Devo on de-evolution, devalued music

Gerald Casale of Devo performs in concert at the Greek Theater on October 31, 2006 in Los Angeles, California.

TEXT OF INTERVIEW

Kai Ryssdal: You know how sometime when you hear a song, it just takes you right back in time? Like this one: "I say whip it, whip it good!"

Devo hit the pop charts with "Whip It" in 1980. The band had actually been around since the early '70s. They were kind of anti-establishment. Devo, in fact, is short for "de-evolution," as in, the de-evolution of society. The guys all dressed the same, they made some pretty interesting music. And then they stopped.

Now, though, they've started again. Devo's first album in a long time comes out tomorrow. So today in our continuing series, the Art of Money -- what artists and others see when they look at the economy -- Devo founder Gerald Casale and what got the band back to the studio after 20 years.

Gerald Casale: The world is on a disaster course, de-evolution's real. Devo is becoming senior citizens, and we had to do it while we could.

Ryssdal: Remind me of this de-evolution notion that you guys had.

Casale: Well, it wasn't a big idea. It was just a set of anecdotal observations about how things were going as compared to propaganda we all received as products of the 60s about endless progress, evolution, technology solving problems. But that isn't what Devo saw. We were looking at people seemingly getting dumber. And when I say that, what I mean is less able to think critically, to analyze information, started becoming more and more herd-like mentality of just repeating sound bites.

Ryssdal: So here's where I do the "wait a minute" thing, because you guys now on this album have sort of gone that way -- you're using focus groups, you're letting the audience pick the tracks that are going to be on the actual CD. I mean, you're buying into it. A clever marketing ploy, probably, but I mean, you are doing it?

Casale: Well, it's partly satirical, but it's also having your cake and eating it too. Because we decided, what's the one thing that Devo never did -- which was play ball. We don't exclude ourselves from the de-evolution process.

Ryssdal: Is there a song on this new album that exemplifies that?

Casale: Hm. I would say "What We Do."

"What We Do" by Devo: What we do, is what we do, 'cause all we do, is what we do. Aiming, praying, believing, maintaining...

Ryssdal: You know, it's great, because I can remember in the late 70s watching you guys on "Saturday Night Live" and saying, "Who are these guys? What are they all about?" And now you've kind of come full circle?

Casale: Right. We were shocking then, and what we were proposing seemed ludicrous and made some people really angry. And now, it's the opposite, we're not shocking at all. I've said that we're like the house band on the Titanic.

Ryssdal: You look a little bit wistful, a little bit regretful, just sitting in the studio.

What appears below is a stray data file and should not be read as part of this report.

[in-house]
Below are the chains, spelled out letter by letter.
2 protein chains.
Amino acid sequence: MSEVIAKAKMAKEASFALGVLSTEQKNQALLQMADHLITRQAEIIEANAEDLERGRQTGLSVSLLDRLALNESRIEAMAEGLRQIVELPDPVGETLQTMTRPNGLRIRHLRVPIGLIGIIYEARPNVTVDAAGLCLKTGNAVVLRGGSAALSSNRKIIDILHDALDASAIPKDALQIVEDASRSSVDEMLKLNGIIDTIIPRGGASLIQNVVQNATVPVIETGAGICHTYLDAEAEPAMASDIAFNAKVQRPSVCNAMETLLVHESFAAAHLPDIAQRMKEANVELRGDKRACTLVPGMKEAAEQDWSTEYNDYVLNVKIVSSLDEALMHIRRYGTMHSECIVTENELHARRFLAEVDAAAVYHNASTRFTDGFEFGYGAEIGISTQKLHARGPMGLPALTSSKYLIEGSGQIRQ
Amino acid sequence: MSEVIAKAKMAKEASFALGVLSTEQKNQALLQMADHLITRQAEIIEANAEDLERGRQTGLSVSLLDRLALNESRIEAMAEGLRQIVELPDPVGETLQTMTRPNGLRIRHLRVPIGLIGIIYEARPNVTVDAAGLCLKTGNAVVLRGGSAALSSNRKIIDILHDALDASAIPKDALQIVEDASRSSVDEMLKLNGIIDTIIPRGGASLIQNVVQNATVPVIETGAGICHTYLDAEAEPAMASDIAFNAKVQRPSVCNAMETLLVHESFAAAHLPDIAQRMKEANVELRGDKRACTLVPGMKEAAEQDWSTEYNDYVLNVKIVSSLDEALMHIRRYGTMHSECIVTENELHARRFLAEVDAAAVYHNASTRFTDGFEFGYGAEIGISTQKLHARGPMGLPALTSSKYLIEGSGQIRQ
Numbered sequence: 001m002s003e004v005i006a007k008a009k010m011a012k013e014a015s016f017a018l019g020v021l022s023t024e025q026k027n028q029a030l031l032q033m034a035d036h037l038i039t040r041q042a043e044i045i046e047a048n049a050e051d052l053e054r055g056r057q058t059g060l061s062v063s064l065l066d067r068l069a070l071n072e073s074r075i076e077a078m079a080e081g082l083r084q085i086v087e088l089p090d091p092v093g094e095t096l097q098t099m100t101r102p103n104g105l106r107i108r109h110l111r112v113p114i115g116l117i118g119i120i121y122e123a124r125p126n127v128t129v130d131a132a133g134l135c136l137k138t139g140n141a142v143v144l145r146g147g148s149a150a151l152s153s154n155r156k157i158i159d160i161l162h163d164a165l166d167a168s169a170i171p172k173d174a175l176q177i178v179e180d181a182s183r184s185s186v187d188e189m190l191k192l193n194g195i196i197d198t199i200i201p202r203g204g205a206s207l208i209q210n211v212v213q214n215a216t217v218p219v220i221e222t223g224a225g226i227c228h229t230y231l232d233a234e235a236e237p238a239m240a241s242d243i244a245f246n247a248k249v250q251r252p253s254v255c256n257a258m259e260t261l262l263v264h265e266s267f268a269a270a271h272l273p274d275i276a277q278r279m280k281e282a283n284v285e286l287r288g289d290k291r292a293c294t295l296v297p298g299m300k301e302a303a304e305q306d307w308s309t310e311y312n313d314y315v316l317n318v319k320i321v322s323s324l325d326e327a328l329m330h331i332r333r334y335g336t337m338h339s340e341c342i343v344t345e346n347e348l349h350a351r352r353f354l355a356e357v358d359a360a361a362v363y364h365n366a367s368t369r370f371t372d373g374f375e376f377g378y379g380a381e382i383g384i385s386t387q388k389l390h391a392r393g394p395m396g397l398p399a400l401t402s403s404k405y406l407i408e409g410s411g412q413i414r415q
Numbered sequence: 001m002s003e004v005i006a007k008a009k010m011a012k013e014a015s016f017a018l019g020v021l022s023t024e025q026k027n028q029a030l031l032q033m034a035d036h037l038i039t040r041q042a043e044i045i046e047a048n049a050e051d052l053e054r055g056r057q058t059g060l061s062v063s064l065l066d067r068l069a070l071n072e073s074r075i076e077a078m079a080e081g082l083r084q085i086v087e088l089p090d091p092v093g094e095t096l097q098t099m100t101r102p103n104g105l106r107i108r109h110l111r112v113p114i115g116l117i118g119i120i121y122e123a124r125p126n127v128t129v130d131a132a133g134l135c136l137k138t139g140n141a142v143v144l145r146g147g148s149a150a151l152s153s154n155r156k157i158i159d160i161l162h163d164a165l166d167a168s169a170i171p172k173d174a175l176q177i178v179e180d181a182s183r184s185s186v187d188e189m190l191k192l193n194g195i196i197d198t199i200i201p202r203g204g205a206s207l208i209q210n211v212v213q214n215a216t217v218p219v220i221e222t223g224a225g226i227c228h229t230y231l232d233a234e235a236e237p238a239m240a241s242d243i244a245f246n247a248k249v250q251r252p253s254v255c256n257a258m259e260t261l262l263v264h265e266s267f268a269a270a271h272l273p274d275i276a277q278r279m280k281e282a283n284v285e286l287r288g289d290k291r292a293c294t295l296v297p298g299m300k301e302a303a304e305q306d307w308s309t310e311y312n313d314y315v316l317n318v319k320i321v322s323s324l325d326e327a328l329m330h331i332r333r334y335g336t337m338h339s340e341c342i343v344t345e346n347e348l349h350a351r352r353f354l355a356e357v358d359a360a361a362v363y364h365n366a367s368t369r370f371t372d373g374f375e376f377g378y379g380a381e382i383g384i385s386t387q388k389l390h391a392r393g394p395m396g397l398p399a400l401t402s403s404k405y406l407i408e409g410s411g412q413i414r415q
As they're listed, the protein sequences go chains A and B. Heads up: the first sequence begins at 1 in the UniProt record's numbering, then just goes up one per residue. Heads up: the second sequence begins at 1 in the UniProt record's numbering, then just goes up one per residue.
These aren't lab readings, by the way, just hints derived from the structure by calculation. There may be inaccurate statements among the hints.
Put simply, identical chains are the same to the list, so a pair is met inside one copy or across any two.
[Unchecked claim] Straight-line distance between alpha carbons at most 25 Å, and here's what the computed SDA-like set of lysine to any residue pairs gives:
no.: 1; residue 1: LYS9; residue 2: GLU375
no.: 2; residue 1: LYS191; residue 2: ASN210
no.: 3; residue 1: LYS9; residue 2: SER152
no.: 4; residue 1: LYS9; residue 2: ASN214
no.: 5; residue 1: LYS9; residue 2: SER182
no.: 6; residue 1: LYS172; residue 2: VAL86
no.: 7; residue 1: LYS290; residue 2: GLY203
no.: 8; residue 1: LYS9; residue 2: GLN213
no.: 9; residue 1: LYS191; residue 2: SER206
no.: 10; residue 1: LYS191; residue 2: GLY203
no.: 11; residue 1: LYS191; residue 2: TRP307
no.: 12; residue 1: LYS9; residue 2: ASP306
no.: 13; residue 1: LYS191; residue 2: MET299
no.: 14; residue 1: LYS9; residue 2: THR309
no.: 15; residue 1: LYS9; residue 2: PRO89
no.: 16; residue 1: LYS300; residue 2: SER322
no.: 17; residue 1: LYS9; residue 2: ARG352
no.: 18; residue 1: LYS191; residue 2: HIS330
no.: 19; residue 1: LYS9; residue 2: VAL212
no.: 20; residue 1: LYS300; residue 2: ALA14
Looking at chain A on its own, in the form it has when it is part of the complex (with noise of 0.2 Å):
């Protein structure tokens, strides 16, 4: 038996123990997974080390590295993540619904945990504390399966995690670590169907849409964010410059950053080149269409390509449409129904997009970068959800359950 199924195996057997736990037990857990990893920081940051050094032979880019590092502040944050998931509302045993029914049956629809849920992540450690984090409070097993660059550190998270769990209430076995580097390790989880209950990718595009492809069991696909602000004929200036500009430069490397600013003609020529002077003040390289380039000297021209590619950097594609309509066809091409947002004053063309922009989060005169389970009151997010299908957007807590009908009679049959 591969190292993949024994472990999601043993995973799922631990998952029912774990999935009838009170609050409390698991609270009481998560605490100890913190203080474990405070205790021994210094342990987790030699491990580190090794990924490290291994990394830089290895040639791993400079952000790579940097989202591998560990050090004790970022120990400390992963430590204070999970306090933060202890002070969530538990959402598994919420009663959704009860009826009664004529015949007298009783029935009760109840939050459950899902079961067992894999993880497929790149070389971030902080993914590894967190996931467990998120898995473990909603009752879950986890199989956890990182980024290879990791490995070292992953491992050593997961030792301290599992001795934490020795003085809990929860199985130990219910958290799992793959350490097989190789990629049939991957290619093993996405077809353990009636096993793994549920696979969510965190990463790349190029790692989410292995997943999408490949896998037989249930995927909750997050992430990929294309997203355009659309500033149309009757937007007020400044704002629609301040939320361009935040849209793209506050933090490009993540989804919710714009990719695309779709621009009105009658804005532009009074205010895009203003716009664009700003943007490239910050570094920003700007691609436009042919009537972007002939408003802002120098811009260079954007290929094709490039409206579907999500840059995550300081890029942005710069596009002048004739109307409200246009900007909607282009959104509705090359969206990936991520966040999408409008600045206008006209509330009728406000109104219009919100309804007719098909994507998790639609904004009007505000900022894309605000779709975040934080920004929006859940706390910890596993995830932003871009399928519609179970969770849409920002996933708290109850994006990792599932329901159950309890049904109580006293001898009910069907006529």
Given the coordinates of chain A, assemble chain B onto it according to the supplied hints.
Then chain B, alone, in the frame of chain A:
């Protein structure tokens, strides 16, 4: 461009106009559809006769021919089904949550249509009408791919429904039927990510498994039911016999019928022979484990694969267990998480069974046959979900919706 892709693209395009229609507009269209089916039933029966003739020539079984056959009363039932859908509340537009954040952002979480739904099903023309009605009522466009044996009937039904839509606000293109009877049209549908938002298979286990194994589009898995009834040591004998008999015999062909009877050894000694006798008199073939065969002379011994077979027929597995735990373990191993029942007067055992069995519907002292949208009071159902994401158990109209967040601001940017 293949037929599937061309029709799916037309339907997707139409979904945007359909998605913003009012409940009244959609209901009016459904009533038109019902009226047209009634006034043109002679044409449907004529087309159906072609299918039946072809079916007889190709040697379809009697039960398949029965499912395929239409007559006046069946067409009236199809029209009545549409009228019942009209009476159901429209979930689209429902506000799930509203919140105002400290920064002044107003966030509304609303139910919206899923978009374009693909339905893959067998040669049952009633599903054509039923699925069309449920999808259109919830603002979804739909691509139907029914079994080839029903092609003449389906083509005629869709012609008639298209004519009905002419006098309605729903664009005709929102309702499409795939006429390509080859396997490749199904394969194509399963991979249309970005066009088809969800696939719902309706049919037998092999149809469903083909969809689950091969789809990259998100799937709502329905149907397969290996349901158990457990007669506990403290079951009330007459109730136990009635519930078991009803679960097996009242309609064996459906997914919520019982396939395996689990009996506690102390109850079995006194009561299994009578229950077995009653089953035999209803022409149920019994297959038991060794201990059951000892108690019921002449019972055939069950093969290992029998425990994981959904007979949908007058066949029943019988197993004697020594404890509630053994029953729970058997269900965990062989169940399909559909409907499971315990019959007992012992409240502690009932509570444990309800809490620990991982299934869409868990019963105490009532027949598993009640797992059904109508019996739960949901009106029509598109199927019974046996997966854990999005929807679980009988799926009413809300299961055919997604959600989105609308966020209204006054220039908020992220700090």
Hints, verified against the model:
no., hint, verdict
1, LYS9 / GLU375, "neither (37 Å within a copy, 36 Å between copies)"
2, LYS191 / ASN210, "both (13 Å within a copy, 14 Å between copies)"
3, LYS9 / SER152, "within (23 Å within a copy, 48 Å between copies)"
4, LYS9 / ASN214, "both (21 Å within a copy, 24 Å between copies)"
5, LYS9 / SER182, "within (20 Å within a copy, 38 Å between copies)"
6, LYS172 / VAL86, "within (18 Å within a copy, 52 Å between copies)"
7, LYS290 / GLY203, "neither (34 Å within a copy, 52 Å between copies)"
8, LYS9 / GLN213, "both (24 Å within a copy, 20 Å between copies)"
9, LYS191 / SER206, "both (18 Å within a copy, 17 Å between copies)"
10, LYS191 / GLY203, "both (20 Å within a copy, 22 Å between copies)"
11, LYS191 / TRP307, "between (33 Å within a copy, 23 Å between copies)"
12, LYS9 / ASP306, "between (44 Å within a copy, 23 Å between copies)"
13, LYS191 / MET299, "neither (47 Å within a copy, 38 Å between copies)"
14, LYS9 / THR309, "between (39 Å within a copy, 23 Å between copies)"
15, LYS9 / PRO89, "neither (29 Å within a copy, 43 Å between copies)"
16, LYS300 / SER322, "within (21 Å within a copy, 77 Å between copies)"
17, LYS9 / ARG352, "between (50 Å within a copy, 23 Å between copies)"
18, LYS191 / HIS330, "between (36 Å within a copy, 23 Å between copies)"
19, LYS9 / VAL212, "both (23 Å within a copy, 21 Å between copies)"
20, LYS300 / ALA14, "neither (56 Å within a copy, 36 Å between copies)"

Casale: That's what happens with age.

Ryssdal: There is, I think, on this album -- what I've heard of it -- you've guys acknowledged much more the business of music, I think, than you ever did. That, you know, you've gotta make a buck?

Casale: That is definitely the culture we all live in. I mean, look what's happened -- the implosion of the music business in general, the functions of labels are almost gone, people have devalued music in terms of its cultural important and they feel they shouldn't even have to pay for it. And with all the home-recording techniques, everybody puts out CDs and everybody thinks they can become the next huge act by using social networking like Facebook or MySpace. And it's all largely an illusion. What's happened is that so many CDs are put out per month, possibly 10,000 a month. Nobody can possibly even know half the music that exists out there. And so marketing is everything. Marketing is the end-all, be-all of our society.

Ryssdal: There's a song on this album, it's called "Watch Us Work It" that was commissioned by Dell. Let's play it and then I want to ask you a question.

"What Us Work It" by DevoWatch us work it, work it inside out, you watch us work it, work it out, watch us work it, work it inside out...

Ryssdal: Did I read some place you actually prefer your music to be commissioned, that's the way you like to do it?

Casale: Well, at this point, what's happened is, artists no longer make a living by selling music. They only make a living by tour grosses, merchandising receipts and having their songs licensed to commercials video games or films. That's it. Trying to make a living as a recording artist, that's the only way you're going to survive.

Ryssdal: Is it fair to say that this album is a little bit cynical?

Casale: We've always been accused of being cynical. I think anybody that honestly analyzes the problems of human nature in society is called "cynical." Yeah, we've never been the high hope and "put a bow on it" band.

Ryssdal: Gerald Casale from the band Devo. Their new album is called "Something For Everybody."

About the author

Kai Ryssdal is the host and senior editor of Marketplace, public radio’s program on business and the economy.

Comments

I agree to American Public Media's Terms and Conditions.
With Generous Support From...